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service of the Parliament or army.” The death of Cromwell, and the imbecility of his successor, Richard, again left him at liberty to aid in the distracted councils of his country. The plans then pursuing by Monk to effect the restoration of Monarchy, appear to have received his concurrence; and after the re-admission of the excluded Members into the House of Commons, he was chosen Speaker.” In the November following (1660) he was made a Privy Counseller by Charles the Second, and appointed Master of the Rolls, which office he retained till his death, in January, 1683, 4. Chauncy observes, that “he had animble fancy, a quick apprehension, a rare memory, an eloquent tongue, and a sound judgment;” —and that “he was a person of free access, sociable in company, sincere to his friend, hospitable in his house, charitable to the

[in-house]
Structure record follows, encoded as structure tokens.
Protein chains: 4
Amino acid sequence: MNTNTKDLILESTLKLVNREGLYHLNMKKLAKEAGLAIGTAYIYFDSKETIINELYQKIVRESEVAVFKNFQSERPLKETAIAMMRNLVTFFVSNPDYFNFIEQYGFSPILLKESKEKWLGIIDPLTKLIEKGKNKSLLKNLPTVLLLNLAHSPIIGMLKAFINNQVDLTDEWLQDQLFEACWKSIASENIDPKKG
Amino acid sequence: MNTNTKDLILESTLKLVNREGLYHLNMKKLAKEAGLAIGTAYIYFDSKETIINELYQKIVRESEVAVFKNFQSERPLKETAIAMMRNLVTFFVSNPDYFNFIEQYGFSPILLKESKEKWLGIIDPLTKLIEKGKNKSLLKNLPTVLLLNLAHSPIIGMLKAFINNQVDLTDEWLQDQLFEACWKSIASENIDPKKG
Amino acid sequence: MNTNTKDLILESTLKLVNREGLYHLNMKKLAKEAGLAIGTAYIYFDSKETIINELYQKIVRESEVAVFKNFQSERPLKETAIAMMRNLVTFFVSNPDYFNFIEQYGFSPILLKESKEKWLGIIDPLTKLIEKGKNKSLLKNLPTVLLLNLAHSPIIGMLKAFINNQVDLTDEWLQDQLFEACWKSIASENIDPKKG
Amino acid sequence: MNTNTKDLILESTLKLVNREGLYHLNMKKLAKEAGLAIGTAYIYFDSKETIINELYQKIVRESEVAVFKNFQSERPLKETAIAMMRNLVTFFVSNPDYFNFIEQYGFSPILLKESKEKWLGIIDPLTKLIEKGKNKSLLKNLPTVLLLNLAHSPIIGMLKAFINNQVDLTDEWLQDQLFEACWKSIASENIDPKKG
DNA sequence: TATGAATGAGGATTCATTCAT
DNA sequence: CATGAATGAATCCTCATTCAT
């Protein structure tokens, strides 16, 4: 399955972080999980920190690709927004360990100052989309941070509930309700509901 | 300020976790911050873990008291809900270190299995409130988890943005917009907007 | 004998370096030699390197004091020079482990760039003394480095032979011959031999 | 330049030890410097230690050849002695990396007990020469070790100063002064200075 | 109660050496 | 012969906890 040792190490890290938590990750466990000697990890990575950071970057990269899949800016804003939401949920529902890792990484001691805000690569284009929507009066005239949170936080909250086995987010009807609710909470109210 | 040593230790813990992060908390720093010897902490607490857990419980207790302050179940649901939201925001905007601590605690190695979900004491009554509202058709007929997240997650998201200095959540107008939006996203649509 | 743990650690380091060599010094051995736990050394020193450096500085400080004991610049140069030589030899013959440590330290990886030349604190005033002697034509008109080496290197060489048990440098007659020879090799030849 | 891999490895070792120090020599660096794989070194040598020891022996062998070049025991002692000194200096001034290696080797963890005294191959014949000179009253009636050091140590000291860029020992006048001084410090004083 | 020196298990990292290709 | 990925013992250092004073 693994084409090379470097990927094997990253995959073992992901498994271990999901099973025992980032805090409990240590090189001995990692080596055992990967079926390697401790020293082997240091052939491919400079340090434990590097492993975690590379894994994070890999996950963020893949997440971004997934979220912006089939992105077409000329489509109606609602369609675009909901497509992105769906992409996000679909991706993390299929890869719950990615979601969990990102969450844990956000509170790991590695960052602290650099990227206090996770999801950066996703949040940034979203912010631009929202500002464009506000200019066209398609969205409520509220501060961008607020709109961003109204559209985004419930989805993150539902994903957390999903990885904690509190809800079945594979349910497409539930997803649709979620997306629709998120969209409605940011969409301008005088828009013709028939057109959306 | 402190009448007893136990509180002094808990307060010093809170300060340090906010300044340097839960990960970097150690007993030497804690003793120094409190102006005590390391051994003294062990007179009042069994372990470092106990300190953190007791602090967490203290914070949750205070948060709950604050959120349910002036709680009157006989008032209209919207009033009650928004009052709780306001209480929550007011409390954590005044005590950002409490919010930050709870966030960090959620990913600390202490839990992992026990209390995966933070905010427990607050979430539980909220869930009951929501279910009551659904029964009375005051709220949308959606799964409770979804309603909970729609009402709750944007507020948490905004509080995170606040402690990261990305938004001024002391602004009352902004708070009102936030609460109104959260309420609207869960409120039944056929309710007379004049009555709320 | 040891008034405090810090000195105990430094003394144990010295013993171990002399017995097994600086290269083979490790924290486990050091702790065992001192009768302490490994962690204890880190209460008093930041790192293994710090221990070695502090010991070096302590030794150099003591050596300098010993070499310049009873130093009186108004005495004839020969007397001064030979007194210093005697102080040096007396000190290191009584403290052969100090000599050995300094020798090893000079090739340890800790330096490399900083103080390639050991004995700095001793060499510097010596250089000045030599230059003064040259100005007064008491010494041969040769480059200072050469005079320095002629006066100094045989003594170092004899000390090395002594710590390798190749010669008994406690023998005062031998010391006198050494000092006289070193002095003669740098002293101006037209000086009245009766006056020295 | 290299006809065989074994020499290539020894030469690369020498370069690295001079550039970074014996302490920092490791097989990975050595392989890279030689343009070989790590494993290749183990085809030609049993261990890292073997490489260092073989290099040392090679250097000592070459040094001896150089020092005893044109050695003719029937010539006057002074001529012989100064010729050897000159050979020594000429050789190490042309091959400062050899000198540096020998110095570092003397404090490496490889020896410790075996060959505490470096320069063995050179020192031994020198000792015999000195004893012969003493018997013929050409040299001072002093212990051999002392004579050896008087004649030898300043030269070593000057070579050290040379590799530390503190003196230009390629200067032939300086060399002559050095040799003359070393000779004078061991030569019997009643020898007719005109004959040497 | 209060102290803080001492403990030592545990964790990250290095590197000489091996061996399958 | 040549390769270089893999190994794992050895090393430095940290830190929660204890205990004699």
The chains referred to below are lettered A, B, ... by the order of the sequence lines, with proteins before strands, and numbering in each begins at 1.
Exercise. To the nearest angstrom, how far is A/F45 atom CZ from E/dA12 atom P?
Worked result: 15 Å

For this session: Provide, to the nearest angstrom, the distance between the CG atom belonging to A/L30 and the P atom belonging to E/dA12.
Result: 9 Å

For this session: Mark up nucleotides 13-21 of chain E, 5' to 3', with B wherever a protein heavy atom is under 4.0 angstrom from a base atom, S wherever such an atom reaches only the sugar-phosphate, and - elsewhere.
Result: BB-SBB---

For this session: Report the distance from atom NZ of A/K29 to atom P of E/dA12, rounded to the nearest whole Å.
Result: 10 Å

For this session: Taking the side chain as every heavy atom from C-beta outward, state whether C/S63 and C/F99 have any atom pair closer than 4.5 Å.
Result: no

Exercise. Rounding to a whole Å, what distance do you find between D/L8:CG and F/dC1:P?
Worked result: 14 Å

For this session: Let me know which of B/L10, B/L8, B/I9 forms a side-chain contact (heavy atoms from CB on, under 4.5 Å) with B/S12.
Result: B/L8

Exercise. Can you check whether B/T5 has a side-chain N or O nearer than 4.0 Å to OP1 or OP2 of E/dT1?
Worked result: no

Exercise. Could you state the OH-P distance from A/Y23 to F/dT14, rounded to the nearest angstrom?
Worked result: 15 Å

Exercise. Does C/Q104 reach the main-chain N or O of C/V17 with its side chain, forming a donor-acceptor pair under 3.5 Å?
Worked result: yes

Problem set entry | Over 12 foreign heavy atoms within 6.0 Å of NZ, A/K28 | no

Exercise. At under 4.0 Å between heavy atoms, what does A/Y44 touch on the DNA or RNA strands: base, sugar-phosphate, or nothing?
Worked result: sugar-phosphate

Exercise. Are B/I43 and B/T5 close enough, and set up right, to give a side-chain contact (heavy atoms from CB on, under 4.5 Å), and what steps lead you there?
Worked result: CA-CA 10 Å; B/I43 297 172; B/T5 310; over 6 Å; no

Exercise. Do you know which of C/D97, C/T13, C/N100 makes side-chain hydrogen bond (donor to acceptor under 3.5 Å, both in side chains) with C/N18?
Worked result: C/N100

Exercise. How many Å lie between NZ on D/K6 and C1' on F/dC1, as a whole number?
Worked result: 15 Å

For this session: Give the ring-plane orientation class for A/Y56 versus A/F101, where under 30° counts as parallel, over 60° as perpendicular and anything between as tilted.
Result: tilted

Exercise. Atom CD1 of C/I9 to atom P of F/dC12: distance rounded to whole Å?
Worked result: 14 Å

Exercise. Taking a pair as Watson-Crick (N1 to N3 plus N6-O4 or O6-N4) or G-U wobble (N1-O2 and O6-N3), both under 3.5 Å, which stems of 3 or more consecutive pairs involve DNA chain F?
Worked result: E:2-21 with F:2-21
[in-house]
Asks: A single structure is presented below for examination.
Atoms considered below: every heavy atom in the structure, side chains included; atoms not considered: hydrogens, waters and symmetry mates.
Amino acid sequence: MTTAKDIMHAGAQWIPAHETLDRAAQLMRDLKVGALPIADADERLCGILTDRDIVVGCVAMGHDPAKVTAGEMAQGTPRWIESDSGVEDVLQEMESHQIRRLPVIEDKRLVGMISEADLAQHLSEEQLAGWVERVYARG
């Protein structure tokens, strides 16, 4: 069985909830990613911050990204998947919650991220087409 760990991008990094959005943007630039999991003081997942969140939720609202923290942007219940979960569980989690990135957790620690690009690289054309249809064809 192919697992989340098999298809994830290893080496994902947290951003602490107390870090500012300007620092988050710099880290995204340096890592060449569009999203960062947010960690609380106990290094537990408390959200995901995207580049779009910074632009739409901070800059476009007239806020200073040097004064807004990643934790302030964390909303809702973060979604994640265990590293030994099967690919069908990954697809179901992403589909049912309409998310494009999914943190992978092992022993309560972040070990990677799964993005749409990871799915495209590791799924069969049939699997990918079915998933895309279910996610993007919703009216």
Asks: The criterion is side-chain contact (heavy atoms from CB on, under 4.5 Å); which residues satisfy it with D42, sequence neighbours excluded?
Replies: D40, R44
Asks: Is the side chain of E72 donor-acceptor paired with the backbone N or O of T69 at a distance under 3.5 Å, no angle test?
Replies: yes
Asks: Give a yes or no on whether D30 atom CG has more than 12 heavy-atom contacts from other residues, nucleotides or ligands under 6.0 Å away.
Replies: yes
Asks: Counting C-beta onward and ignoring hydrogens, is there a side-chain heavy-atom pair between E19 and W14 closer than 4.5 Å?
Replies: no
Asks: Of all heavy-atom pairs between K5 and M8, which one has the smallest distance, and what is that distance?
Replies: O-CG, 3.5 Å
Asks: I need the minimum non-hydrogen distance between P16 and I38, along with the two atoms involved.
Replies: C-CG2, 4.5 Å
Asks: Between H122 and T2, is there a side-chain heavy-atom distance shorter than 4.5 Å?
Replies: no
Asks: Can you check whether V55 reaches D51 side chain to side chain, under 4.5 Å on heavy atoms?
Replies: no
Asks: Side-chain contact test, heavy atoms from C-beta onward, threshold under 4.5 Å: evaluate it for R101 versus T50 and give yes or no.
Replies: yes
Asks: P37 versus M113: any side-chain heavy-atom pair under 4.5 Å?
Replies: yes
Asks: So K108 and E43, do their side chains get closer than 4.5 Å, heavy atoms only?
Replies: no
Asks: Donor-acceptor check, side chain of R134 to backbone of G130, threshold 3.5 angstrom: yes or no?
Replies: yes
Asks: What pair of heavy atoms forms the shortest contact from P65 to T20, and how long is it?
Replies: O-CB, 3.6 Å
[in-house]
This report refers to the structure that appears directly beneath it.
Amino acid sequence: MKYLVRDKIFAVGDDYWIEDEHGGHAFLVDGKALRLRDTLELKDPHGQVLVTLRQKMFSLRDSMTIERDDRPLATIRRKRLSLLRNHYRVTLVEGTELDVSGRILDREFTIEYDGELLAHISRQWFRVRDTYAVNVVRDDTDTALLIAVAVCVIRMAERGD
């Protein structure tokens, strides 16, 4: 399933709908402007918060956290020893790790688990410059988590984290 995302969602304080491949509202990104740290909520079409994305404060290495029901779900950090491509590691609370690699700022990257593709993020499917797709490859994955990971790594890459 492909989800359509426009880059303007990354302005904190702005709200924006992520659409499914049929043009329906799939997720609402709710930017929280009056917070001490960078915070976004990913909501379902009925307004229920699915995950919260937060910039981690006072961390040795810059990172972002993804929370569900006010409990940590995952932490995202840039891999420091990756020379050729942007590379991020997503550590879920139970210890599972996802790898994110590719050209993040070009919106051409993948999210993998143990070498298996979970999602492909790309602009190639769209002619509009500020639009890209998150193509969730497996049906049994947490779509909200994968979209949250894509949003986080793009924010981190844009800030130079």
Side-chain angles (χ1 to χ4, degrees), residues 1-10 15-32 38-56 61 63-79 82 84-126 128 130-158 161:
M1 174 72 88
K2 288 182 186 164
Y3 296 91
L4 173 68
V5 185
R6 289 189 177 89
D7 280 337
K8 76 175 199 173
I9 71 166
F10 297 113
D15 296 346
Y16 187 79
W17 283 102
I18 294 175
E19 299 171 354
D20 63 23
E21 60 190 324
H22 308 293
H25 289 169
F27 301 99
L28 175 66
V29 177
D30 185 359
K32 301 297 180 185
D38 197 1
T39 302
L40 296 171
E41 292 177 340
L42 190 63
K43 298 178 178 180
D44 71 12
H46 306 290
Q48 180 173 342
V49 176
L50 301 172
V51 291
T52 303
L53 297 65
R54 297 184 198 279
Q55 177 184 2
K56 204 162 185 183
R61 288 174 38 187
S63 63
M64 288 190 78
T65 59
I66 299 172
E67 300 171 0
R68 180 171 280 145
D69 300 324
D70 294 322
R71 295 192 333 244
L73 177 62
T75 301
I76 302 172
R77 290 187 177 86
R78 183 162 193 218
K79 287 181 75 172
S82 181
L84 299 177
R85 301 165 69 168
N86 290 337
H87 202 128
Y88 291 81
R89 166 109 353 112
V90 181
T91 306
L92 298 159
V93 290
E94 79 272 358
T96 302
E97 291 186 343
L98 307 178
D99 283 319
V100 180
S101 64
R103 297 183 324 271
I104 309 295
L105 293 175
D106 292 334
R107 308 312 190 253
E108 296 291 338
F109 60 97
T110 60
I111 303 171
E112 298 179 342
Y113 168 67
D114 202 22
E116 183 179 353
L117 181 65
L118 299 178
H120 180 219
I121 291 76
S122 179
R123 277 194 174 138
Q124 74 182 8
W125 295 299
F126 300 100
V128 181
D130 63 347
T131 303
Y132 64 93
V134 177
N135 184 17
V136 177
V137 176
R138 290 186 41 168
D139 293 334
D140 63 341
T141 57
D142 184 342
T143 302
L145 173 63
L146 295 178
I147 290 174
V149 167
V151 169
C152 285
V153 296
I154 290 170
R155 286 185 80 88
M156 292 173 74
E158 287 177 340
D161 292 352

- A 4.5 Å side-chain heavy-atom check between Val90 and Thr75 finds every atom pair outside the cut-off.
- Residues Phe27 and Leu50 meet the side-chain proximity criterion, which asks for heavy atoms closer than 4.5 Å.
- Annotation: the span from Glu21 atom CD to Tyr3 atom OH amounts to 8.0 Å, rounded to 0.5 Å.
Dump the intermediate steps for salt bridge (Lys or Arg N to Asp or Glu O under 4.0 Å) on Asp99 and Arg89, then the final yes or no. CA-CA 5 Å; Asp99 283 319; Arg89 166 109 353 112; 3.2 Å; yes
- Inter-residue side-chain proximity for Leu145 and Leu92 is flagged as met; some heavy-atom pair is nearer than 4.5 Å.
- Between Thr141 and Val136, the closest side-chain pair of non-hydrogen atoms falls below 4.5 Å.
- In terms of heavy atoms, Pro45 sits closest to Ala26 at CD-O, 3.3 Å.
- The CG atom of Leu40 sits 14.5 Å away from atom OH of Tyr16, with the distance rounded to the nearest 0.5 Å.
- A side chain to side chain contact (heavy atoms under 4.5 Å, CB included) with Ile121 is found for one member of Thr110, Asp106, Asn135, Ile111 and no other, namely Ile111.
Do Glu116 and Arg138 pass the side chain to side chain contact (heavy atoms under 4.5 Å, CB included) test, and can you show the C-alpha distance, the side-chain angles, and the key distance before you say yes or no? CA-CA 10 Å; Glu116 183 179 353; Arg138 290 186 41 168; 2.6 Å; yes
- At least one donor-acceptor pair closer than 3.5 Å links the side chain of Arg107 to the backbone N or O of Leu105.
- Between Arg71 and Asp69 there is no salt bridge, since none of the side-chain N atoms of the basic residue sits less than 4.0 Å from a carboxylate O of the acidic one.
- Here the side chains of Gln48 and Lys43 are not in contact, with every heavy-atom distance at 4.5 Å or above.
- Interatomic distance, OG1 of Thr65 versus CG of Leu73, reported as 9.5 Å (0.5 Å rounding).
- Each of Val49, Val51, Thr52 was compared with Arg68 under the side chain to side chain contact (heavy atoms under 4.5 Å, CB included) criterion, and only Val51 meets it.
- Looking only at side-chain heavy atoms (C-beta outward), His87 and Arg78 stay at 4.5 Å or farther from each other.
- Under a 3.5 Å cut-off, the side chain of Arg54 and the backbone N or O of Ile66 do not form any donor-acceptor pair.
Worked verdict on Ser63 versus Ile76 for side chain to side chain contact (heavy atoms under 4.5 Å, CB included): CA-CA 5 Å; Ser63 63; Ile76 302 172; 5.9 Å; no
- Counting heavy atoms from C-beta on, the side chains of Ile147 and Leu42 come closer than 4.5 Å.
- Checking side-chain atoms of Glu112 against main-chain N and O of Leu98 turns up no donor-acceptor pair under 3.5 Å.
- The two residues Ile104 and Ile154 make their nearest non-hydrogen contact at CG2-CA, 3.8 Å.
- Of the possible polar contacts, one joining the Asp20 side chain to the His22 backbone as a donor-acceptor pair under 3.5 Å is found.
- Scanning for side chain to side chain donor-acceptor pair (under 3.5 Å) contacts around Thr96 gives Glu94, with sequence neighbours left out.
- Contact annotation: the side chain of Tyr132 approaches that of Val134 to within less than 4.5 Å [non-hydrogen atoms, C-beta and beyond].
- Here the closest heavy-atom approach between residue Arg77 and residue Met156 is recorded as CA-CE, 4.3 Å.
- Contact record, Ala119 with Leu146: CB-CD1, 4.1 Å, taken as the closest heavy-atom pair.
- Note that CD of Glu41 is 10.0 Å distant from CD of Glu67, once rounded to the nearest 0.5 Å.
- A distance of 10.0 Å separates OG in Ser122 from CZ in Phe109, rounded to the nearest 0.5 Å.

* Sir Harbottle had been representative for Colchester in Essex; and when the expelled members were on the eve of being restored, the following letter was sent to him by the Corporation of that town: “Honorable Sir; As we cannot but with thankfulness acknowledge the mercy of God to the nation in general, so more particularly to this town, that, after the many changes and alterations we have been tossed in, that now there is (as we have been credibly informed, and do believe) a free admission of the Members of the late Parliament, so long interrupted by force: we cannot but with much earnestness, in the behalf of ourselves, and the free burgesses of the town, make our humble request, that you will be pleased to return to that trust, to which you were so freely and unanimously elected in the year 1640; which we do the rather request out of the former experience, that not only this town, but the nation in general, hath had of your faithfulness and ability, and the many miseries and calamities we have groaned under since your absence: and as we formerly had the honour of sending so eminent and worthy a member, so we shall hope, by the blessing of God upon your endeavours, that not only ourselves, but the whole nation, shall have cause to bless God for your return, and in due time reap the benefit of your councils and labour in that great affliction. Sir we shall not further trouble you at present, than to assure you, we are, as by Fany former favors bound to be, your faithful and humble servants,